Ice dam precautions include:

  • Making sure the roof is adequately insulated to account for local climatic conditions.
  • Installing raised-heel trusses, if necessary, to allow full-depth insulation and proper ventilation over exterior walls.
  • Sealing all penetrations into the attic from ceilings or walls.
  • Installing continuous soffit-and-ridge vent systems and baffles at the lower side of the roof, with a clear pathway of at least two inches between the top of the insulation and the roof sheathing.

You may also consider insulating around and sealing leaks from ducts and vents in the attic, although the primary emphasis should be on providing proper ventilation and following good insulation practices.

Leaking Gutters

Gutters may leak along their length, at seams, at end caps, at changes in direction, and at downspout connections. No matter what material is used for the gutters,

leaks are most common at seams and changes in direction.

So here is some tips from

Leaks may be caused by:

? thermal expansion and contraction

? mechanical damage (i.e.. the impact of ladders)

? broken solder joints
? dried caulking or adhesive

? rusting or rotting of the gutter material


Check Seams-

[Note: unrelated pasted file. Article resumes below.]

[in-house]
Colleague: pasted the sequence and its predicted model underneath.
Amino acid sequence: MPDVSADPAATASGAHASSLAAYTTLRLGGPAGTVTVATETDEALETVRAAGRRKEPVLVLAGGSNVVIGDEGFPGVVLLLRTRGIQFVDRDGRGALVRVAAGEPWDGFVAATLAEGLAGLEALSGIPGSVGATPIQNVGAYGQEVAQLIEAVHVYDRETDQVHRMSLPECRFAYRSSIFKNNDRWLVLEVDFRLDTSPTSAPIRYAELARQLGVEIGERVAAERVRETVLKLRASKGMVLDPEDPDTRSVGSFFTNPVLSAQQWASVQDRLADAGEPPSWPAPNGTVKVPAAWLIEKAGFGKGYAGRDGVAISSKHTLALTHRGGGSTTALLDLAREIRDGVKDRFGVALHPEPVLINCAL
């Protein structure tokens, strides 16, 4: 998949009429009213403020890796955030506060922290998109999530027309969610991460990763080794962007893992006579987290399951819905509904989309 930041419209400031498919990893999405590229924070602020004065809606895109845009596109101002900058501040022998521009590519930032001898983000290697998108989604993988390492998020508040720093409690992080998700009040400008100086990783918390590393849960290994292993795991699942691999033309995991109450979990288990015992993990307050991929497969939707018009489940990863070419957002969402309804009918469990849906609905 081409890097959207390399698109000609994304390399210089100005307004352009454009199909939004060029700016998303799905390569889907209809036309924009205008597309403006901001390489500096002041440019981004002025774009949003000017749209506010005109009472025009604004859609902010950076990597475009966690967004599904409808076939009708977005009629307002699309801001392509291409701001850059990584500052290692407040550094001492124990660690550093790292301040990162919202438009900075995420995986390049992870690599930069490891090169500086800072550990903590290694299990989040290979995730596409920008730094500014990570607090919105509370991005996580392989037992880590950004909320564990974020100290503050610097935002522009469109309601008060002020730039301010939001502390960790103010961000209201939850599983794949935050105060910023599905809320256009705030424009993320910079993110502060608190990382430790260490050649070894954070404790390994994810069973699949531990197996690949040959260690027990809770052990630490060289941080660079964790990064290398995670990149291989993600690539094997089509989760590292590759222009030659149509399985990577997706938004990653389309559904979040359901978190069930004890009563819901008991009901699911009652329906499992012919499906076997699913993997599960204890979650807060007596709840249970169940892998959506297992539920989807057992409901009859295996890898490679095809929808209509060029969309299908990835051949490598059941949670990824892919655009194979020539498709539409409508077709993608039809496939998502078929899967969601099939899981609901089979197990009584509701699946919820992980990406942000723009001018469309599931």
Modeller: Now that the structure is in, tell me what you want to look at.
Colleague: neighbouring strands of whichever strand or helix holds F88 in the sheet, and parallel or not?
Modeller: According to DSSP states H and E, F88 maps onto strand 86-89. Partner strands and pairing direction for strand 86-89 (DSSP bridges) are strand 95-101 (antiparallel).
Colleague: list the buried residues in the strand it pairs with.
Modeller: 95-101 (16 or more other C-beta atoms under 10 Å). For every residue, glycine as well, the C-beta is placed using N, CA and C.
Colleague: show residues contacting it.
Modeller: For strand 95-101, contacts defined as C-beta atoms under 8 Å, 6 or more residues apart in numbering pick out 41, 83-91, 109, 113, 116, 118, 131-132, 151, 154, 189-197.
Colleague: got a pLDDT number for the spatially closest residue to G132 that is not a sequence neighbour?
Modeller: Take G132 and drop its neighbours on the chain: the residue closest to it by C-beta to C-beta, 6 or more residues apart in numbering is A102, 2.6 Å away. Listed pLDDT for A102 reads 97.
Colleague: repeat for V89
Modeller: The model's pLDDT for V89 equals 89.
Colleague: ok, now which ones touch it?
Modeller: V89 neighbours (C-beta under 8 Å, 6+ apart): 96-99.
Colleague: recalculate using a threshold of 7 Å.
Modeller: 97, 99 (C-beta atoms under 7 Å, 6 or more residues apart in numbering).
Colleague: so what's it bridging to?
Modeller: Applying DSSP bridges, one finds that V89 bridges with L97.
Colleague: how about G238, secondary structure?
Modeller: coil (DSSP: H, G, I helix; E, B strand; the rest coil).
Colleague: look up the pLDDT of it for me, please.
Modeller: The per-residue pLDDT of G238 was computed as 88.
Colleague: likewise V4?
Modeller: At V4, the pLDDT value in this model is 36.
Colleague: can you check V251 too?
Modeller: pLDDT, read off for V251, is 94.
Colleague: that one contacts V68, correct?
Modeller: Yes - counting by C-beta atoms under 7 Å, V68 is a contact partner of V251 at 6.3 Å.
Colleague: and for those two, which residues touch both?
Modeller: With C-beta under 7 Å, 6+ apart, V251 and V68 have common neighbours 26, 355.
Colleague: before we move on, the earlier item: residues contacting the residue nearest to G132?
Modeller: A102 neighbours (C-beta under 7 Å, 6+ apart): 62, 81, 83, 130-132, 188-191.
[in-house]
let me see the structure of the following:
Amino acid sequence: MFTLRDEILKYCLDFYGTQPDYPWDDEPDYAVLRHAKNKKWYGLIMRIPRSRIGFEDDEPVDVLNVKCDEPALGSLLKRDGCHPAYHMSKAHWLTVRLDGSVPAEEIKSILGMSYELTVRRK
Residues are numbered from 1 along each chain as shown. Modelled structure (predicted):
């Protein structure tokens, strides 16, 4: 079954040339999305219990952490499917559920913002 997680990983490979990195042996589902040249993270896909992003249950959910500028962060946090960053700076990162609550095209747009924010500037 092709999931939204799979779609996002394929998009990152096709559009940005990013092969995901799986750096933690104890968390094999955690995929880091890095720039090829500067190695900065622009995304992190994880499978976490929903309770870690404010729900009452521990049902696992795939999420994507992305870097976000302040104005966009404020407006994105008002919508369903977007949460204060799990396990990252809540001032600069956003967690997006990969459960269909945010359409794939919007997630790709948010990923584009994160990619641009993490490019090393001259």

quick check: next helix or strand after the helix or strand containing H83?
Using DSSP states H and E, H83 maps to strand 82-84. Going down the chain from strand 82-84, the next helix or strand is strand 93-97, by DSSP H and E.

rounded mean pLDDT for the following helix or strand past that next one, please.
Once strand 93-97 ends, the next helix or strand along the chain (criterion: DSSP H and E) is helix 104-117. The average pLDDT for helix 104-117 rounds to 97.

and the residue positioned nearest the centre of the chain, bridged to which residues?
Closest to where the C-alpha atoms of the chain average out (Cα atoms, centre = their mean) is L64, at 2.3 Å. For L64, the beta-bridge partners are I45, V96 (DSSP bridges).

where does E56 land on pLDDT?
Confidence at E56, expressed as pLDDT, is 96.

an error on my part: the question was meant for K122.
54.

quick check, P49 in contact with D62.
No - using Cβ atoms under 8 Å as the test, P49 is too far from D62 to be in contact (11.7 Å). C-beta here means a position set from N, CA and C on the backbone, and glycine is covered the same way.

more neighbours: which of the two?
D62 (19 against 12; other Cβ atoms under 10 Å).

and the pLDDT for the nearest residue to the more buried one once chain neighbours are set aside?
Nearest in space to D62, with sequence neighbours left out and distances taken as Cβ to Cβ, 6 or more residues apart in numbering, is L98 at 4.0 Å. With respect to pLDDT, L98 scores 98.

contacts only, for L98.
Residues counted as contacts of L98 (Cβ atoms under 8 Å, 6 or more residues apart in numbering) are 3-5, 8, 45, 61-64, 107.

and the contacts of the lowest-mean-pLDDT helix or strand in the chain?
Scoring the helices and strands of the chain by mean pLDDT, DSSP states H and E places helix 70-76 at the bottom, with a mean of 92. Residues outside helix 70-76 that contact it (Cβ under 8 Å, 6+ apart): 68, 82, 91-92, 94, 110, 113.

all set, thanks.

• Look carefully at seams and along the bottom of gutters ,
  • Look at changes in direction and at downspout connections.

Look for Resultant Damage

  • Leaks are easy to find during or shortly after a rain but may be difficult to identify if there has not been any rain recently. Staining or streaking may be helpful, but these may also suggest over­flowing gutters
  • Look for damage to fascia, soffits, siding, and landscaping that suggests gutter problems. This includes moss, fungus, peeling paint, and rot. On masonry walls, also look for efflorescence, spalling. and deteriorated mortar.


  • If looking at gutters from above, you may notice patching materials in the gut­ters. This usually indicates attempts to repair leaking gutters. If it is a scam prob­lem, the situation may be localized and minor. If the metal is rusted through, the gutters may be near the end of their life. Sometimes this patching will be on downspouts. Similarly, you can use the distance between the bottom of the gutter and the bottom of the fascia board to check the slope.

Typical Slope-

Many gutters are nearly horizontal, and while more slope is better, almost any slope will work reasonably well. An ideal slope of approximately 1:25 is never achieved because fascias are too short and gutter runs are too long to allow a gutter to fall roughly 1 inch every 2 feet. A slope of 1:200 (1-inch drop over a run of 17 feet ) is more typical, and it is acceptable if there are no low spots . Some gutters slope from a high point in the middle to downspout at either end. Either situations acceptable.

At any time our team will be glad to answer any topic related questions and provide you with ideas how to choose the right solution for any gutter/eavestrough concerns.

(416)-677-8191 or (416)-875-6366